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Solvay sees Southern France gas shortage as suppliers target Asia

01.23.2014  | 

Solvay, a Belgian chemicals company, said a natural gas shortage has emerged in southern France as suppliers continue to bypass the region in favor of faster growing markets in Asia.



Solvay, a Belgian chemicals maker, said a natural gas shortage has emerged in southern France as suppliers bypass the region in favor of faster growing markets in Asia.

The premium “represents 25% on gas prices versus the rest of Europe,” Philippe Rosier, president of Solvay Energy Services, said in an interview. It’s “adding to the competitiveness problem of industry in the south of France.”

The shortage of natural gas, widely used in industry applications, for furnaces and fertilizer, and in households for cooking, is adding to the woes of French industry, which is already reeling from Europe’s economic woes.

European chemical companies Solvay, Arkema and Ineos Group have operations in southern France and the Rhone Valley.

Southern France is also losing out as the main pipeline connecting the region to north European gas networks has limited capacity.

A shortage in gas supplies traded on the Point d’Echange de Gaz Sud, or PEG Sud, pushed the difference in day-ahead gas prices versus its northern France counterpart PEG Nord to a record in December, according to the Commission de Regulation de l’Energie.

Intensive gas users in the south of France have to buy part of their gas on the spot market and “the price spread has catastrophic consequences on industrial sites” in the region, said Daniel Marini, director of economic and international affairs at French chemical makers federation UIC.

“It’s a real issue,” said Gilles Galinier, a spokesman for Arkema, which makes fluoro-gases and polymers in the region.

US Capacities

The north-south divide in gas should be eliminated at some point by merging prices, Rosier said. That would in effect mean gas users in the north subsidizing those in the south.

As a result of high production and fuel costs, petrochemicals makers, including Paris-based Total, are shutting European ethylene plants while rivals ExxonMobil and others add capacity in the US to benefit from cheaper energy. France banned shale gas drilling that’s driving the resurgence in the US’s industrial base. Ethylene derivatives are used to make everything from plastic bags and packaging to car parts and window frames.

Hydraulic fracturing, used to recover shale gas by blasting underground rocks with water, sand and chemicals, has increased US gas production. That has made US ethylene production about 75% cheaper than two-thirds of global competitors who rely on naphtha as a raw material, according to Bloomberg.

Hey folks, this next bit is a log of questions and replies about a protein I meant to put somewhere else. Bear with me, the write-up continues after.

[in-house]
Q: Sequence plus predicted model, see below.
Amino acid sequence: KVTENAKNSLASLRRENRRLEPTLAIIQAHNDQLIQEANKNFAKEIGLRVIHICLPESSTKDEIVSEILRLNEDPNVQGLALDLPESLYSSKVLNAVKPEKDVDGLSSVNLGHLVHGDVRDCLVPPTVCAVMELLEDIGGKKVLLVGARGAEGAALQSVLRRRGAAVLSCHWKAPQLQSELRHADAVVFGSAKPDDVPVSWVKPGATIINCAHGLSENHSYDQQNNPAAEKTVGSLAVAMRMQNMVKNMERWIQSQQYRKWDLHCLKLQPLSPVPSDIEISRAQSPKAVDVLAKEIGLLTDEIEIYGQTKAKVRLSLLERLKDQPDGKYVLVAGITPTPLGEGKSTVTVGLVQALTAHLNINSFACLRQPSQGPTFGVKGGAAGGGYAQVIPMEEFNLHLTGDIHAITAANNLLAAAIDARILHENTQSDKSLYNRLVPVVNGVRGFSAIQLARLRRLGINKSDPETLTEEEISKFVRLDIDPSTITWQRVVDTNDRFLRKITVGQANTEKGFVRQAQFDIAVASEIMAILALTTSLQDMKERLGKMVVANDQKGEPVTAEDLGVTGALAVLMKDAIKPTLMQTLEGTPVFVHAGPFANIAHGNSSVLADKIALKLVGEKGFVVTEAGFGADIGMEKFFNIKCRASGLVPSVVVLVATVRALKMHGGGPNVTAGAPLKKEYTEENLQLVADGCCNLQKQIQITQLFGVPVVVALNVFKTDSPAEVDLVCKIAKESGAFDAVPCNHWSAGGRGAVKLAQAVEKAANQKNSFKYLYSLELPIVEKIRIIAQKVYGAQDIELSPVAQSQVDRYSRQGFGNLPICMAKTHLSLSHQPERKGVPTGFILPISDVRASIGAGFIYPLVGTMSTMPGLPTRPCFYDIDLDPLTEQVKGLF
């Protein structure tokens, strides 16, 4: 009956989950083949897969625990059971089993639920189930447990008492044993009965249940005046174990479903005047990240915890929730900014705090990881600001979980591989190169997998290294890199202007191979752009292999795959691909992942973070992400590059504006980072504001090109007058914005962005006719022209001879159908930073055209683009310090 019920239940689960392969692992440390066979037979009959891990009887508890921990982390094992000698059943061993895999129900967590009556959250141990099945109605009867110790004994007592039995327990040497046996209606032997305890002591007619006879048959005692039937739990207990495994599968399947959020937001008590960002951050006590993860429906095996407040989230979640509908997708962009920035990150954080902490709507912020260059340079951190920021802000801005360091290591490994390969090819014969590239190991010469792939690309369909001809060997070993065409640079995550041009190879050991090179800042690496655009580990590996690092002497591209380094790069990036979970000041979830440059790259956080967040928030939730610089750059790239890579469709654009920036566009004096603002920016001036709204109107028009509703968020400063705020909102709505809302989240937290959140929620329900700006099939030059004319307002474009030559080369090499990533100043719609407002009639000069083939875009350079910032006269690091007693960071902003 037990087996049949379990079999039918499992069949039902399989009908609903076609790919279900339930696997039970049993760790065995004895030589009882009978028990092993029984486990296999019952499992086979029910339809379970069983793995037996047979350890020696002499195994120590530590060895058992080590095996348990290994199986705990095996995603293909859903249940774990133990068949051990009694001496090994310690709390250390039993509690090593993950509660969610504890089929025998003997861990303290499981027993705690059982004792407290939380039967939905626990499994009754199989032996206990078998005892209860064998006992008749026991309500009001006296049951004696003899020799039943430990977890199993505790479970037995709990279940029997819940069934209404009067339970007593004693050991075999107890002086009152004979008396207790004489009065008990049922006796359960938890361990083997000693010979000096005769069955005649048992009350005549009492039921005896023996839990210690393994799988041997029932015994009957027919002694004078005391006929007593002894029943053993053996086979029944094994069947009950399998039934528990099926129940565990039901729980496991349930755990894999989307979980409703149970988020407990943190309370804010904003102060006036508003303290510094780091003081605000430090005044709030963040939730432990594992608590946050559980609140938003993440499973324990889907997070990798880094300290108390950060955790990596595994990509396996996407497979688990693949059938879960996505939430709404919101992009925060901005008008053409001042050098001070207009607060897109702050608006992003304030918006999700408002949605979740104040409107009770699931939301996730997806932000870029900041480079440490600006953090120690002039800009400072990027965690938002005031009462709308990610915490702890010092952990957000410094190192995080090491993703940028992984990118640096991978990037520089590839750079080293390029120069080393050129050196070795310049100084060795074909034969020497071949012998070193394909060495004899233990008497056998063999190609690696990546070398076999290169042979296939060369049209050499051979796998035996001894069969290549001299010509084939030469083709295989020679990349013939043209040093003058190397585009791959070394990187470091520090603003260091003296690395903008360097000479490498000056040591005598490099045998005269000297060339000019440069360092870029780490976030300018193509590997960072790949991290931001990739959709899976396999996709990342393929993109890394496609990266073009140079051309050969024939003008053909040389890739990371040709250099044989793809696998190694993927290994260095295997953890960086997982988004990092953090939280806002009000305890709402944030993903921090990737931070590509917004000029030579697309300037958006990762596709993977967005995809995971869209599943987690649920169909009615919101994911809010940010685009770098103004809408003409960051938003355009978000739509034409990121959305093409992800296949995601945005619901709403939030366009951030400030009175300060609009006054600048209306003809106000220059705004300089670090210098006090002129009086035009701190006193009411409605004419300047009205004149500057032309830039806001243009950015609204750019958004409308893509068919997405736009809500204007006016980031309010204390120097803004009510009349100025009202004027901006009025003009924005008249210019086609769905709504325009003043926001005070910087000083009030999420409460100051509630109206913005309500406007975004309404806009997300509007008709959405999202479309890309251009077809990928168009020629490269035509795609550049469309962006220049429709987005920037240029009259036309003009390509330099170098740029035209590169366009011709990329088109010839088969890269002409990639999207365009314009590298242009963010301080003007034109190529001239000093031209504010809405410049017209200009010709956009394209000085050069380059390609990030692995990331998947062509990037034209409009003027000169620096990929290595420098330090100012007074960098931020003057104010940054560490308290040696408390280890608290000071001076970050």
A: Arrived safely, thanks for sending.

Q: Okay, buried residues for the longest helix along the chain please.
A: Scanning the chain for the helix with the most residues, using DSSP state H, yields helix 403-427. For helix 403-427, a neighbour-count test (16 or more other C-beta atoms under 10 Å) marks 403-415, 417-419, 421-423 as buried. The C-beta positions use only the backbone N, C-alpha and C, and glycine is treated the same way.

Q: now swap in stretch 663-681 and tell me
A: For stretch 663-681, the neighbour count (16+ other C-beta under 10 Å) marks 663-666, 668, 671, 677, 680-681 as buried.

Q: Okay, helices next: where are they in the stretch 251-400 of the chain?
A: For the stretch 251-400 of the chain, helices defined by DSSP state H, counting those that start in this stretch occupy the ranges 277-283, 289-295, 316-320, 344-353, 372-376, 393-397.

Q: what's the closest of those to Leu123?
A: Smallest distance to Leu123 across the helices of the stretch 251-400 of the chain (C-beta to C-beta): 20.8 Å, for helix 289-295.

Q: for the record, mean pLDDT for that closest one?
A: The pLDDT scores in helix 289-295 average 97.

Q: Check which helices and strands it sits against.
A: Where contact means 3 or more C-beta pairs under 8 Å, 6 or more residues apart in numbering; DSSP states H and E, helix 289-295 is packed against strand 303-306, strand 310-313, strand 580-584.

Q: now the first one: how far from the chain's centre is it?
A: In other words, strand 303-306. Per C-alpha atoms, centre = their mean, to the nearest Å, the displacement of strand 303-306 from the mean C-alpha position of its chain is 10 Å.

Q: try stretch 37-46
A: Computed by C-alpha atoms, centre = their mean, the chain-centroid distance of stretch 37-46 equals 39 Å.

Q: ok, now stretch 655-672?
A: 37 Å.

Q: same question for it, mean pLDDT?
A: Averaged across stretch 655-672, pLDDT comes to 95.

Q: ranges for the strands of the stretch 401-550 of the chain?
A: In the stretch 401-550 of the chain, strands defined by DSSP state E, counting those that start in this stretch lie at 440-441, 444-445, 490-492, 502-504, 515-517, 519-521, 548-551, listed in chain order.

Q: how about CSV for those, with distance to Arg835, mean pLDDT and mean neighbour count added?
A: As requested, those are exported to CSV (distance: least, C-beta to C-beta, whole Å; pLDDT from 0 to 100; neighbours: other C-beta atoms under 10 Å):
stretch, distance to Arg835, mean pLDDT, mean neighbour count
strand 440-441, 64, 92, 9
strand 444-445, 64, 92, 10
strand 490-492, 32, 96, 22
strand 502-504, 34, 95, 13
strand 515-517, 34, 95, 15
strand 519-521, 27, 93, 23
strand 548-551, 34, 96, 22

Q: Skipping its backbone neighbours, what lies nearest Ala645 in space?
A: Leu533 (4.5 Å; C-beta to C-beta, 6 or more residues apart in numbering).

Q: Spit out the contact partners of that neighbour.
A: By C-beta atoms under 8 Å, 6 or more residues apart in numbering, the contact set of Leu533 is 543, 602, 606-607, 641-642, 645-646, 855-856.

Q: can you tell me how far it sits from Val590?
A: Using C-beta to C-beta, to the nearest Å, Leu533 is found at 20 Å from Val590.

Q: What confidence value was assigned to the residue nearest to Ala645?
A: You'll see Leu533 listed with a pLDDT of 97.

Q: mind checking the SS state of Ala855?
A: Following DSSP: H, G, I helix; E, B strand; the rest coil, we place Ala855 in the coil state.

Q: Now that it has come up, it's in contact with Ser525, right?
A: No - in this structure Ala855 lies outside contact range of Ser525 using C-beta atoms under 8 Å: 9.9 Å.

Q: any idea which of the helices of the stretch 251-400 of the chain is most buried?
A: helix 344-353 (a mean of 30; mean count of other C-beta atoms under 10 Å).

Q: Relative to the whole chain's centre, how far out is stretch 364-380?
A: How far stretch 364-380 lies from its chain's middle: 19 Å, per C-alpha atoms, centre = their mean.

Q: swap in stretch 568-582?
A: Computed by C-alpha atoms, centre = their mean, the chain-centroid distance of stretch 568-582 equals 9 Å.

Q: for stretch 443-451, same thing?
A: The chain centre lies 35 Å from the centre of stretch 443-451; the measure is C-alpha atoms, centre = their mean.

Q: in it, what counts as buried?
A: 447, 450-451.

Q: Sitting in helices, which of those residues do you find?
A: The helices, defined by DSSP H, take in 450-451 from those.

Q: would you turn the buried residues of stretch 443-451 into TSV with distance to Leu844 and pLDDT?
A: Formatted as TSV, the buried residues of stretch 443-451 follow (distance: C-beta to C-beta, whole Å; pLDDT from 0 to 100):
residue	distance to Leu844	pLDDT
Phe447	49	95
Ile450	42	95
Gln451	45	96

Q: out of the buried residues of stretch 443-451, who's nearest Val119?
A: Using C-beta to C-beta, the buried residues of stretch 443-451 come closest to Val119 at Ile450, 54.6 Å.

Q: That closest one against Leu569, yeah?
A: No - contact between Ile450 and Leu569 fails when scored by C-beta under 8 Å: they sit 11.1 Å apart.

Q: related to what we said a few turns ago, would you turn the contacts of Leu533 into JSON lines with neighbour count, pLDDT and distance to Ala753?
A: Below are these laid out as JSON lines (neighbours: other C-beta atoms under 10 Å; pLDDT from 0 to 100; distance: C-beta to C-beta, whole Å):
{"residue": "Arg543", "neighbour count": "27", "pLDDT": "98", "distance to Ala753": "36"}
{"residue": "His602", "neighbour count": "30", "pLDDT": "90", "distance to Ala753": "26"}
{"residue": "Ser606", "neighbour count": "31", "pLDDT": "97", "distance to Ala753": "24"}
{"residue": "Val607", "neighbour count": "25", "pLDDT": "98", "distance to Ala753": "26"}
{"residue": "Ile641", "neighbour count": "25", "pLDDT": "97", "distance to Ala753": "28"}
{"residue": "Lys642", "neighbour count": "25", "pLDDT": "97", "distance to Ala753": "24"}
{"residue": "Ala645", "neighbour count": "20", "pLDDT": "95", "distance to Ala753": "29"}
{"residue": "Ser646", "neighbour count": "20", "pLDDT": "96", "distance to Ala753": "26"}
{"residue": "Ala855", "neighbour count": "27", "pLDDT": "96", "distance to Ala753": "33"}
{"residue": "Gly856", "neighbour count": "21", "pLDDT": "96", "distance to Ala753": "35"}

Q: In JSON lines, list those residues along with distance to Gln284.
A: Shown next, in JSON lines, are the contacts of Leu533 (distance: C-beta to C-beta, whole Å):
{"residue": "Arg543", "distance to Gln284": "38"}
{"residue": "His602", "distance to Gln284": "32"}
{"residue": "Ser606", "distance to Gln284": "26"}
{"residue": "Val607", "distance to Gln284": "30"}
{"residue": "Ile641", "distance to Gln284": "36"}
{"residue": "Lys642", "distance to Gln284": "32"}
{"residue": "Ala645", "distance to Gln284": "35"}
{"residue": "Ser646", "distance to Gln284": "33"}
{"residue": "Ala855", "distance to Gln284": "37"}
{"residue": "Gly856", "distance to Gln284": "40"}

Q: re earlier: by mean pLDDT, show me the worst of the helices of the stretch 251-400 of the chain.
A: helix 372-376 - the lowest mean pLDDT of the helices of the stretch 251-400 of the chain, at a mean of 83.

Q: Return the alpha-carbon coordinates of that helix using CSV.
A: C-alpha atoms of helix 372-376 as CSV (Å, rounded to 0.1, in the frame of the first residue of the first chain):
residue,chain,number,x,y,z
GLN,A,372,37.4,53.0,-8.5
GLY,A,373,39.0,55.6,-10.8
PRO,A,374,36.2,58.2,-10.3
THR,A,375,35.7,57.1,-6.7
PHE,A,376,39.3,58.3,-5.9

Raw-Material Costs

It’s prompting companies from Dow Chemical to Exxon to invest in new ethylene plants in the US, where capacity is set to rise by 10 million tons, or 40%, by 2017 or 2018, Jean Pelin, executive director at French chemical federation UIC, said at a Jan. 9 press meeting near Paris.

When new plants are set up, the extra production will go first to local customers in the US, then to Latin America and Asia, said Jose Mosquera, director of industrial policies at chemical lobby group Cefic, based in Brussels. Such distribution is a concern for Europe, he said.

With lower raw-material costs, the transfer of production of some materials, such as methanol, ethylene and derivatives, to the US has started, said Solvay’s Rosier. Solvay’s energy bill, which amounted to 1.25 billion euros ($1.7 billion) in 2013, would have been 300 million euros less had the price of gas in Europe and the US been on par, he said.

Seeking Alternatives

Ethylene capacities are set to fall by 4 million tons in Europe in coming years as Total and rivals shut steam crackers amid struggling construction and car markets, and increased competition from Middle East imports, Pelin said.

With fuel costs set to stay high in France, companies are now looking for alternatives. Pelin will be part of a French delegation traveling to Iran in early February to revive ties if the embargo on the Islamic state is lifted under an international deal aimed at curtailing nuclear activities.

It would take at least until 2020 to build liquefied natural gas export infrastructure in Iran, if supplies were available to trading partners, according to Jean-Marie Dauger, executive vice president of GDF Suez, the former French gas monopoly.

“I would welcome a long-term supply agreement with Iran,” said UIC’s Pelin. “The world’s biggest gas reserves are in Iran, so there’s a potential revolution.”

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